The movement made national headlines earlier this month when six alleged members of a Michigan-based organization called Wolverine Watchmen were indicted for a plot to overthrow the Michigan government and kidnap Gretchen Whitmer, the state’s governor.

Seven more men were arrested and charged with state crimes in connection with the plot.

“Boogaloo boys” or “boogaloo bois,” as members of the movement call themselves, have shown up to several demonstrations to protest against things such as COVID-19 lockdown orders and police brutality.

They have been seen at these demonstrations wearing combat gear and armed with semi-automatic rifles and magazines filled with ammunition. Some have been seen wearing Hawaiian shirts.

What’s with the Hawaiian shirts?

The term “boogaloo” comes from the 1984 film Breakin’ 2: Electric Boogaloo. The movement adopted the term based on its anticipation of a second civil war. This second civil war has been referred to by movement members as “Civil War 2: Electric Boogaloo” and “American Revolution 2: Patriot Boogaloo.”

Members have also used other nicknames for the movement – including “big igloo” and “big luau.” Other names used include “boog,” boojahideen” and “blue igloo.”

Over time, social media platforms began cracking down on boogaloo-related content, causing members to come up with words that don’t sound like boogaloo, like “spicy fiesta.”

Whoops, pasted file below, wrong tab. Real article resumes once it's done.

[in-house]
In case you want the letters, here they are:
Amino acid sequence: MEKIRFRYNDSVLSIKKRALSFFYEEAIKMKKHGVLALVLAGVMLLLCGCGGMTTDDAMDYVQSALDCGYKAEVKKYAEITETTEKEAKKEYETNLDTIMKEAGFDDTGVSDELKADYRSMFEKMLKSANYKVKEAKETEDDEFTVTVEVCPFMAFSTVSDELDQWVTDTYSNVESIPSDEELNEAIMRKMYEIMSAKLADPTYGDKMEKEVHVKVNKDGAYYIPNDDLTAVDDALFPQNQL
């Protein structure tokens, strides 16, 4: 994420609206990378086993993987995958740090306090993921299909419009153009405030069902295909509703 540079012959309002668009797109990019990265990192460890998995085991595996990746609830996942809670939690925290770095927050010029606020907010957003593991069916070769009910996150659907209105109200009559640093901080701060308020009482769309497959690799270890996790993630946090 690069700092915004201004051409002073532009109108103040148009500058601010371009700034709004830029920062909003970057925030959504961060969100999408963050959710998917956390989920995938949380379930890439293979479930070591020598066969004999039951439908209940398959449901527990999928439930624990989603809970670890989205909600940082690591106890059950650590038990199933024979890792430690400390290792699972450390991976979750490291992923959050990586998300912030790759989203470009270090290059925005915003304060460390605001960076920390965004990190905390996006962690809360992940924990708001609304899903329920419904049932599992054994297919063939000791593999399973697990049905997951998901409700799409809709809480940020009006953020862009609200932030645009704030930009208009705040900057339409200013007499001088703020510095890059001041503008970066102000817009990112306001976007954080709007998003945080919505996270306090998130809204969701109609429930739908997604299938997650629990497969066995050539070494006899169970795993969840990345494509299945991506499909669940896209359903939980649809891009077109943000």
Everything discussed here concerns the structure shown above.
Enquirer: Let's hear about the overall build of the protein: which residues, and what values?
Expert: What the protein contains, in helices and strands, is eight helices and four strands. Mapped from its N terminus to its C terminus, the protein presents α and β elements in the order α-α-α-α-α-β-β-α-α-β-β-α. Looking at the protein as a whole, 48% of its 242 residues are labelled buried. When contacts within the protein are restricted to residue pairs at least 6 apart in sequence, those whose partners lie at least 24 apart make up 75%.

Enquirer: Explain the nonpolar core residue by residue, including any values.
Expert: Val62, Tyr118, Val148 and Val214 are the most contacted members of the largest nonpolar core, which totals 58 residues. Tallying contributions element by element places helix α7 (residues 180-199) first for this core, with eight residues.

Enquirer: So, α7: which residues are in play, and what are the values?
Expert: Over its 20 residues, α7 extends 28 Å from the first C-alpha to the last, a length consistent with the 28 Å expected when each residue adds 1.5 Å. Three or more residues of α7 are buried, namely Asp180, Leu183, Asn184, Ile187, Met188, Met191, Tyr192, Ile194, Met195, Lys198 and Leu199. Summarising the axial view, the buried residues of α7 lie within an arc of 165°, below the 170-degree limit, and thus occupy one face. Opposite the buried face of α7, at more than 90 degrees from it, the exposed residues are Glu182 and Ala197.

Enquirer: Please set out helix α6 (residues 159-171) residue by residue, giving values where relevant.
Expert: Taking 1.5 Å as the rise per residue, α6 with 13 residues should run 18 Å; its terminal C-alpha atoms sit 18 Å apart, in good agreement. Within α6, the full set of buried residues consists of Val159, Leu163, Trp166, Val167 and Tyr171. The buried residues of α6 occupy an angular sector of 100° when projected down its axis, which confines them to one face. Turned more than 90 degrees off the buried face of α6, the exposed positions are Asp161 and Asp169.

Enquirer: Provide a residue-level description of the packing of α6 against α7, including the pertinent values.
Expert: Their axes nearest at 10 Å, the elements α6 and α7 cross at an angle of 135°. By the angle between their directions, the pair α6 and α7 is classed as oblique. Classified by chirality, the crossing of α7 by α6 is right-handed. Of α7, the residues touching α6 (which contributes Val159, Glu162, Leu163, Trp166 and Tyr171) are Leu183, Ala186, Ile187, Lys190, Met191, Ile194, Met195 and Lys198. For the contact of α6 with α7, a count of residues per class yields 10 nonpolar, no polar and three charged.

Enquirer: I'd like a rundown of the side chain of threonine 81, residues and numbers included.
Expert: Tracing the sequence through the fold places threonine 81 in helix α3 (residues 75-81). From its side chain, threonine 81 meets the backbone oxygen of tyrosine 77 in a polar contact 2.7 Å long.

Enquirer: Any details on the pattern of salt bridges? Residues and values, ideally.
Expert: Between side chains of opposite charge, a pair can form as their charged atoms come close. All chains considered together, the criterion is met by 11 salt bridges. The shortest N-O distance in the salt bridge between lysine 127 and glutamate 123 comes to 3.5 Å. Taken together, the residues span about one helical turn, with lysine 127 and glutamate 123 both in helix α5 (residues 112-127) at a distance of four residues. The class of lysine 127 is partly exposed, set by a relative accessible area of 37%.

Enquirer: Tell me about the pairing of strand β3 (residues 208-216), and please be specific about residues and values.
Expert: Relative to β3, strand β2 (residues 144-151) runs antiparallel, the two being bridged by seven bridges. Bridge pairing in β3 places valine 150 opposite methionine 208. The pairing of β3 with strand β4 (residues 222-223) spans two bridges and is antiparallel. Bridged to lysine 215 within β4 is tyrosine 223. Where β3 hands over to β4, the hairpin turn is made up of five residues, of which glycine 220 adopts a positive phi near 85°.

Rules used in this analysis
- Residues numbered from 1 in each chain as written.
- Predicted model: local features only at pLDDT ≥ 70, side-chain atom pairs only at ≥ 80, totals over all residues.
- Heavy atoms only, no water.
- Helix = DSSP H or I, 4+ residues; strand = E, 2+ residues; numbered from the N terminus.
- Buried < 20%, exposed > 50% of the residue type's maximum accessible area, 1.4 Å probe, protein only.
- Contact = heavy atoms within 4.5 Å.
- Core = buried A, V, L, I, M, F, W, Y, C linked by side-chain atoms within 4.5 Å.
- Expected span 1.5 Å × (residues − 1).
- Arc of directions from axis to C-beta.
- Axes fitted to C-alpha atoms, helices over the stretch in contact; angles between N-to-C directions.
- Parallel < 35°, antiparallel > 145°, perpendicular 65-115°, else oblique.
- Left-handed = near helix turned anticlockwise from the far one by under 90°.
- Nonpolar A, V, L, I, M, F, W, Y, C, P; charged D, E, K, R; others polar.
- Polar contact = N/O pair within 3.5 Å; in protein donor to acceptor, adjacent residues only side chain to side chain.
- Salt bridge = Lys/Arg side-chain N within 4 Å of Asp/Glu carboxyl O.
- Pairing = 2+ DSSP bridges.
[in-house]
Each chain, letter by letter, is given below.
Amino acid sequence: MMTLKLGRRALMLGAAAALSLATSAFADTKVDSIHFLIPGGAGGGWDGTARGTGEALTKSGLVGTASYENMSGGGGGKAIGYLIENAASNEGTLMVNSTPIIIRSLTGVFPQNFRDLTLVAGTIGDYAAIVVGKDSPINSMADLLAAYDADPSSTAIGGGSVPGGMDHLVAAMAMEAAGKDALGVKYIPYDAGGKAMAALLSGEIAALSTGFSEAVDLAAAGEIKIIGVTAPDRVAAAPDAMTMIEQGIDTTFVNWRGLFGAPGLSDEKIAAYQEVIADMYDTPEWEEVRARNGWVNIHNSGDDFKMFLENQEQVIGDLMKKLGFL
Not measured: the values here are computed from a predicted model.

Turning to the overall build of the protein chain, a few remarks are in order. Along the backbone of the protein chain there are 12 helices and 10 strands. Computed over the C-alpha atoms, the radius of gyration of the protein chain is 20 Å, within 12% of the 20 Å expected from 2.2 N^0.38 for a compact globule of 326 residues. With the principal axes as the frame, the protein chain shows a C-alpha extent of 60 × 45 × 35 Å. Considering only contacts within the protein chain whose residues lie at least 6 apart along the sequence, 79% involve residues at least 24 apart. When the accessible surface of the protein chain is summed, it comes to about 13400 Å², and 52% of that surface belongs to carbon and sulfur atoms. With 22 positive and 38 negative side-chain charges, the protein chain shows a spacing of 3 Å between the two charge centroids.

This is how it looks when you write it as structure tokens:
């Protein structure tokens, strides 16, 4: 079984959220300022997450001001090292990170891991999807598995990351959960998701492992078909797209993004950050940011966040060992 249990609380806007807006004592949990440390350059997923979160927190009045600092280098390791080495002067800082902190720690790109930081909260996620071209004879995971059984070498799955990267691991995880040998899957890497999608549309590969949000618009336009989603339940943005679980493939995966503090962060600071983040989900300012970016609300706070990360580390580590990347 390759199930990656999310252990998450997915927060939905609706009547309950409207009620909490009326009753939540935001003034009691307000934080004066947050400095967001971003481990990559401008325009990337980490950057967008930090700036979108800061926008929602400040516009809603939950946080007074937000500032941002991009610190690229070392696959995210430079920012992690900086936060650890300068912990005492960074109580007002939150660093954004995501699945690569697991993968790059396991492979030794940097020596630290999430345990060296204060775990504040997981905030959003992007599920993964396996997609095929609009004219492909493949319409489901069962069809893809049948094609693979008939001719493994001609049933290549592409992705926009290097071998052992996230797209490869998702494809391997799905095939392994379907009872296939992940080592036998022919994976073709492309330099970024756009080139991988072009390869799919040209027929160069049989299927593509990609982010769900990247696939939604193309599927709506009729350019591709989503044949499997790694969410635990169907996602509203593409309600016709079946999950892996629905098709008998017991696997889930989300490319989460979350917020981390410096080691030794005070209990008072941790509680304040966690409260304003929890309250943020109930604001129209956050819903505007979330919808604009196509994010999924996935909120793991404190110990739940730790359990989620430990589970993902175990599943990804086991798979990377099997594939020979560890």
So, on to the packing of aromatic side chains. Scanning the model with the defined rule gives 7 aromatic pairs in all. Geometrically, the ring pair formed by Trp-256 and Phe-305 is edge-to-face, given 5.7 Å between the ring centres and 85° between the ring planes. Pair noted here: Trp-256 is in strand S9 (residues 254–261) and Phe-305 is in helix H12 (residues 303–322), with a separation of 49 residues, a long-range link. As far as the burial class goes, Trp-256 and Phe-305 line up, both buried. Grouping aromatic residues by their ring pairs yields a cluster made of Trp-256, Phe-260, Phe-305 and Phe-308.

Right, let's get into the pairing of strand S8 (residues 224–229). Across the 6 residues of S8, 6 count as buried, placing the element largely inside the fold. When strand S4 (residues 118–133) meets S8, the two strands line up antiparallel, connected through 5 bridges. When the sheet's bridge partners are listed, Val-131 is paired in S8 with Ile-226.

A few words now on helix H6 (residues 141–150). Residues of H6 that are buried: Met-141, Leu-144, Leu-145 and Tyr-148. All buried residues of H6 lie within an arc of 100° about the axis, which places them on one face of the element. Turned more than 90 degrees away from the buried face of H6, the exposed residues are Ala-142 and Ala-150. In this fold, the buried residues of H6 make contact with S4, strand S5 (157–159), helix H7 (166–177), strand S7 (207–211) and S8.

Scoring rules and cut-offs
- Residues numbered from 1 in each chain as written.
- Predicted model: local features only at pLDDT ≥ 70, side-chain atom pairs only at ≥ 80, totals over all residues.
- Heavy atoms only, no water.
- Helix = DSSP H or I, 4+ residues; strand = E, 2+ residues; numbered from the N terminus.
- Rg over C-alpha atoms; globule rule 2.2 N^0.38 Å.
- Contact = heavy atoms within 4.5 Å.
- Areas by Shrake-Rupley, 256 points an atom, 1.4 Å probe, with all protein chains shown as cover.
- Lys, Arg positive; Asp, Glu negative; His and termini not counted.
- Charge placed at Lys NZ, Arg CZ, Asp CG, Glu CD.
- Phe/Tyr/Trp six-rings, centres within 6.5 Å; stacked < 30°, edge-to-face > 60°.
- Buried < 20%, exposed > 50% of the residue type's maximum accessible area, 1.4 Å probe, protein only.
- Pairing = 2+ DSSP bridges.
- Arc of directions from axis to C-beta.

What are their political beliefs?

Members of the boogaloo movement have been described by researchers as libertarian, far-right and even alt-right. The US Department of Homeland Security said in a June 2020 bulletin, however, that it doesn’t recognize the movement as left-wing or right-wing.

A portion of its members have been linked to white supremacy groups.

Members of the movement have fueled its far-right image with mentions of historical events such as the standoff at Ruby Ridge, an 11-day standoff between federal agents and a man named Randy Weaver, who had failed to appear in court for weapons charges and had conspired to fight the US Government.

It’s difficult to pinpoint just one worldview when it comes to members of the movement. Its members are self-described libertarians, anarcho-capitalists, anarchists and minarchists.

With so many varying ideologies, it causes confusion when trying to label the movement’s political beliefs.

The boogaloo movement in Maryland

Perry is not the first person in Maryland to be connected to this movement. In March of this year, an individual in Potomac named Duncan Lemp was fatally shot by police in his home during a no-knock raid.

Police served the warrant and conducted the no-knock raid at his home because he was suspected of possessing firearms, something he was not legally permitted.

Lemp’s family has asserted, according to media reports, that they were unaware of any weapons restrictions. His family has also said he was sleeping in his bed when fatally shot by police.

Lemp was the leader of a boogaloo group on Facebook. After his death, he was hailed as a martyr, with some groups asking if he was killed because of his anti-government beliefs. The Eagle has not found any evidence to support this claim.

Perry’s detention hearing is scheduled for Oct. 17.